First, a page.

To The Dave Cave!

19 Aug

The old building stands its ground amidst Cardiff’s redeveloped city centre, proud and defiant, like the apartment building in the film Batteries Not Included. You reach it from town by walking beneath a dark, dank railway bridge, right next door to the central station, just along from the new hotel that mysteriously sprang up almost overnight. In a few short steps the bustle of a Saturday on St Mary Street is a million miles away. A few steps more, and you enter the hidden world of Jacob’s Market – a kingdom of curiosities and bric-a-brac, a must-visit for antique hunters coming to the capital. But our destination lies a little further within. Take the stairs up to the first floor. Past the lift doors featured in the Doctor Who story Victory Of The Daleks. Then left, left again, go straight ahead, and we’re there.

The Cardiff Fantasy Centre is (to my knowledge) Cardiff’s oldest comic shop, run by Dave Bath and his wife Pauline. I like to call it The Dave Cave, but as I only ever call it that to one other person, and as that person isn’t Dave himself, this is unlikely to ever catch on. For many years the shop was co-run with Pete, but Pete retired shortly after I started going there (two facts which, I trust, are completely unrelated) and Pauline pitched in.

About five years ago I started reading comics again. Eventually I stumbled on the Dave Cave, felt immediately at home, and firmly plan on never leaving. Dave’s a natural enthusiast, steeped in the lore and legend of the world he loves, but always welcoming new customers, new fans. A big part of that inclusive atmosphere is his refusal to get bogged down in that obsession of a certain breed of comics reader – continuity. For the uninitiated, continuity in the superhero genre means an exhaustive knowledge of Which character did Why thing at When time, often wearing What costume. The clothes are important. Fans who thrive on continuity often have firmly held beliefs about the precise details of a given characters’ togs.

(Slight digression by way of a recent example. In a bold and exciting move, DC Comics will launch 52 titles in September, including fresh but still-familiar takes on Batman and Superman. Their flagship Superman title Action Comics will be penned by comics legend Grant Morrison. Anyone who’s read Morrison’s All Star Superman series (not to mention anything else from his prolific output over the years) regards this as a very good thing. But when DC announced the news, by far the loudest response was not “Hurrah and huzzah!”, but “What IS he wearing?!” In the accompanying press release Supes sported a variation on his usual look, which some fans deemed to be just plain silly. This would, presumably, be on the sliding scale of sartorial silliness that includes red capes, and wearing one’s pants outside of one’s trousers.)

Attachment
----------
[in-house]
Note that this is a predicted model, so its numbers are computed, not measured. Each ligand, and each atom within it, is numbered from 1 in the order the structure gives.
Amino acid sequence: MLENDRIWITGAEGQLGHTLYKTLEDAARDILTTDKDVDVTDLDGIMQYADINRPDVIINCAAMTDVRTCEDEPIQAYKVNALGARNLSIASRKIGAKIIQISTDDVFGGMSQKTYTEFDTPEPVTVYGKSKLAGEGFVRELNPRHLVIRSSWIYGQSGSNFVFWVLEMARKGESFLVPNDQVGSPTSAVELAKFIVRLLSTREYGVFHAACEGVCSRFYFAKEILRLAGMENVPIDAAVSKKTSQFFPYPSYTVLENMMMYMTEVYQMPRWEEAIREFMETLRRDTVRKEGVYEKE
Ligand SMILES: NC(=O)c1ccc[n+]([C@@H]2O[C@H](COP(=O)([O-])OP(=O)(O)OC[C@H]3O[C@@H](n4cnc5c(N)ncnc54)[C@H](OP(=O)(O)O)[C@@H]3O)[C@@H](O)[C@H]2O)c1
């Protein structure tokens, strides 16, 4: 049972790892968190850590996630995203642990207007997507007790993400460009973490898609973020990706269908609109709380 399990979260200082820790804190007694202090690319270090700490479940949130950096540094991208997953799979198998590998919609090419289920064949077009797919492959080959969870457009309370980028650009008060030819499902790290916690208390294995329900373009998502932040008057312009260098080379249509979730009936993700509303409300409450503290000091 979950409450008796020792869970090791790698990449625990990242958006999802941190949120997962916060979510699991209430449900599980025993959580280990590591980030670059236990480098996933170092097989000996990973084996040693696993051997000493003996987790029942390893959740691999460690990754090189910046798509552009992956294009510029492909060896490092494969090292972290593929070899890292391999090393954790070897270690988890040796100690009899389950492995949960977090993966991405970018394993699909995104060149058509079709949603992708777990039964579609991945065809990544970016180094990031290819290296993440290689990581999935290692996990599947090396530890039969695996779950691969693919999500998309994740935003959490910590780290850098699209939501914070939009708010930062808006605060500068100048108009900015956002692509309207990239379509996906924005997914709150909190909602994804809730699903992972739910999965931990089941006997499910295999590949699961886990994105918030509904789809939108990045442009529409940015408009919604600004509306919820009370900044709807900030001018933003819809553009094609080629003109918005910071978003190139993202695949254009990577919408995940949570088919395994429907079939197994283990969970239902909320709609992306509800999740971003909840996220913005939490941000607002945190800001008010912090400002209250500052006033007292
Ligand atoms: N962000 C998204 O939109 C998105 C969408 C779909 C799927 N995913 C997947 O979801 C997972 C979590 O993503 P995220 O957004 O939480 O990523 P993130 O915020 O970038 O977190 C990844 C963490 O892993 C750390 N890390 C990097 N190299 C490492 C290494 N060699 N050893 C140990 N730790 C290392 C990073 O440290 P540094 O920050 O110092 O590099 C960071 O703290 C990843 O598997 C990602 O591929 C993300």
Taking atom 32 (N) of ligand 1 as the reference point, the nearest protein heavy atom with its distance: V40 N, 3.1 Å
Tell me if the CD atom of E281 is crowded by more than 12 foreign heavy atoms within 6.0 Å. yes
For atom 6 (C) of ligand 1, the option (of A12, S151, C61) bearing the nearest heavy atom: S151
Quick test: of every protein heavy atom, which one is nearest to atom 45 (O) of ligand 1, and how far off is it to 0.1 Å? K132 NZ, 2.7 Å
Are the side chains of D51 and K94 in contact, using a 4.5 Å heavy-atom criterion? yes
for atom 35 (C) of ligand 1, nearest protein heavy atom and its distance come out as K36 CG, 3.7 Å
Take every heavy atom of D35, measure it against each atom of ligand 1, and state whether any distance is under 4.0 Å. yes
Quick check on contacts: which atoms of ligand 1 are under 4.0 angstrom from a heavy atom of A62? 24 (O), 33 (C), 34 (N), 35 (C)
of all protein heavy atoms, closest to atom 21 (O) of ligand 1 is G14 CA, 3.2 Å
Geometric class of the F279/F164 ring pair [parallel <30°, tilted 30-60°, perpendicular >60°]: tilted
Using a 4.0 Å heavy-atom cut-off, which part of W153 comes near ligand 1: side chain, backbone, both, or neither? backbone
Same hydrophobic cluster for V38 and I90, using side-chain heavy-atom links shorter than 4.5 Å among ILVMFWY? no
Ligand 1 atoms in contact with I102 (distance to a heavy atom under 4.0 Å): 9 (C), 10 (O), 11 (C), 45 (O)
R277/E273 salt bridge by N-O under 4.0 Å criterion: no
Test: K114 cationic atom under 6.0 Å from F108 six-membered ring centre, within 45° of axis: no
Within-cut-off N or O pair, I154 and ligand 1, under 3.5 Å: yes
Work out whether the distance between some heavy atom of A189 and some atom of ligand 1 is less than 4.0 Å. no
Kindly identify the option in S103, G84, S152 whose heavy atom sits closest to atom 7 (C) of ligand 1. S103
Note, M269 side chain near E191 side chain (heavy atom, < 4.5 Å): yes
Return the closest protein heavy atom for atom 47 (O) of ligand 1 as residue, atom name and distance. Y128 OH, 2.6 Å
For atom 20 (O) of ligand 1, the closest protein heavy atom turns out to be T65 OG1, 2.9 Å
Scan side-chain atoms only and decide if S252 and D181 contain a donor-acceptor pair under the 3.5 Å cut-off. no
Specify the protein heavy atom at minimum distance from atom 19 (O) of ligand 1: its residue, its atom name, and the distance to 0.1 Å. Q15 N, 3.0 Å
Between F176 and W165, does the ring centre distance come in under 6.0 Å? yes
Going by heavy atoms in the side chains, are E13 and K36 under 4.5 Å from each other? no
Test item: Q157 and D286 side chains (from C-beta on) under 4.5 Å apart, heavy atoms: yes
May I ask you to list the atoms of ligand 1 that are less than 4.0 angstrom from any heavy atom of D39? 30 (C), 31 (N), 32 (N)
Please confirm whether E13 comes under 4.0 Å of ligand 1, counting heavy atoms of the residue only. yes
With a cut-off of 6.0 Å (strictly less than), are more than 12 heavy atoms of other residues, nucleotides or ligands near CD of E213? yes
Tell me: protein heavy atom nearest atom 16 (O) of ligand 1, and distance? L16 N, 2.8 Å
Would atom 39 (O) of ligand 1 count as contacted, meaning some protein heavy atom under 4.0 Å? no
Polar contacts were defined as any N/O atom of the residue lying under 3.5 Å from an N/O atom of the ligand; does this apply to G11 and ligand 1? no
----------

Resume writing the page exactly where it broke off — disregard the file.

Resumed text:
On the whole matter of continuity, Dave is fond of quoting a line from another great Superman tale, Alan Moore’s Whatever Happened To The Man Of Tomorrow? – “This is an imaginary story… aren’t they all?”

Dave is also, by his own admission, a dealer addicted to his own drug, and you’ll find no more fervent evangelist for the heady delights of the comics medium. New titles come in on a weekly basis, bagged up on a carousel, but a standing order earns you a Dave Discount and ensures that, in the words of those old coupons For Your Newsagent, you Need Never Miss An Issue Again! There’s an apparently eternal half price sale on a hefty array of back issues, and a corner of curiosities where you’ll find ridiculously discounted graphic novels and a Lucky Dip of imported sci-fi and fantasy paperbacks.

On your average Saturday at the Dave Cave, seasoned collectors and regulars rub shoulders with browsers and interested newcomers alike (literally, in busy periods). There’s usually a running conversation about the latest genre TV or movies of the day, such as Captain America (near unanimous approval) Green Lantern (divided opinion) and The Walking Dead (universal love). It’s like a geek version of Cheers, without the beer (though if it were possible to serve drinks, Dave would find a way) and where everybody knows your name, eventually.

Occasionally, Pauline does some hoovering. I worry about this. Not out of any aversion to cleaning, but because I strongly suspect the dust in and around The Dave Cave is Load-bearing Dust, and removing it would endanger the very structure of Jacob’s Market itself – if not the fabric of the space-time continuum. It’s that kind of place. Every time I leave, I’m always thankful I’ve returned to the same period I left from, and I’m never quite sure that on my next visit the building won’t have drifted off to the middle ages for a spell.

Which sort of brings us full circle. Emerging from under the railway bridge, out into the glare of everyday life, the stag and the hen do’s, the shoppers and the sports fans, safe in the knowledge that a hidden world of weekly wonder is just a Dave Signal away.

The Cardiff Fantasy Centre is open from Thursday to Saturday. For more information visit their website here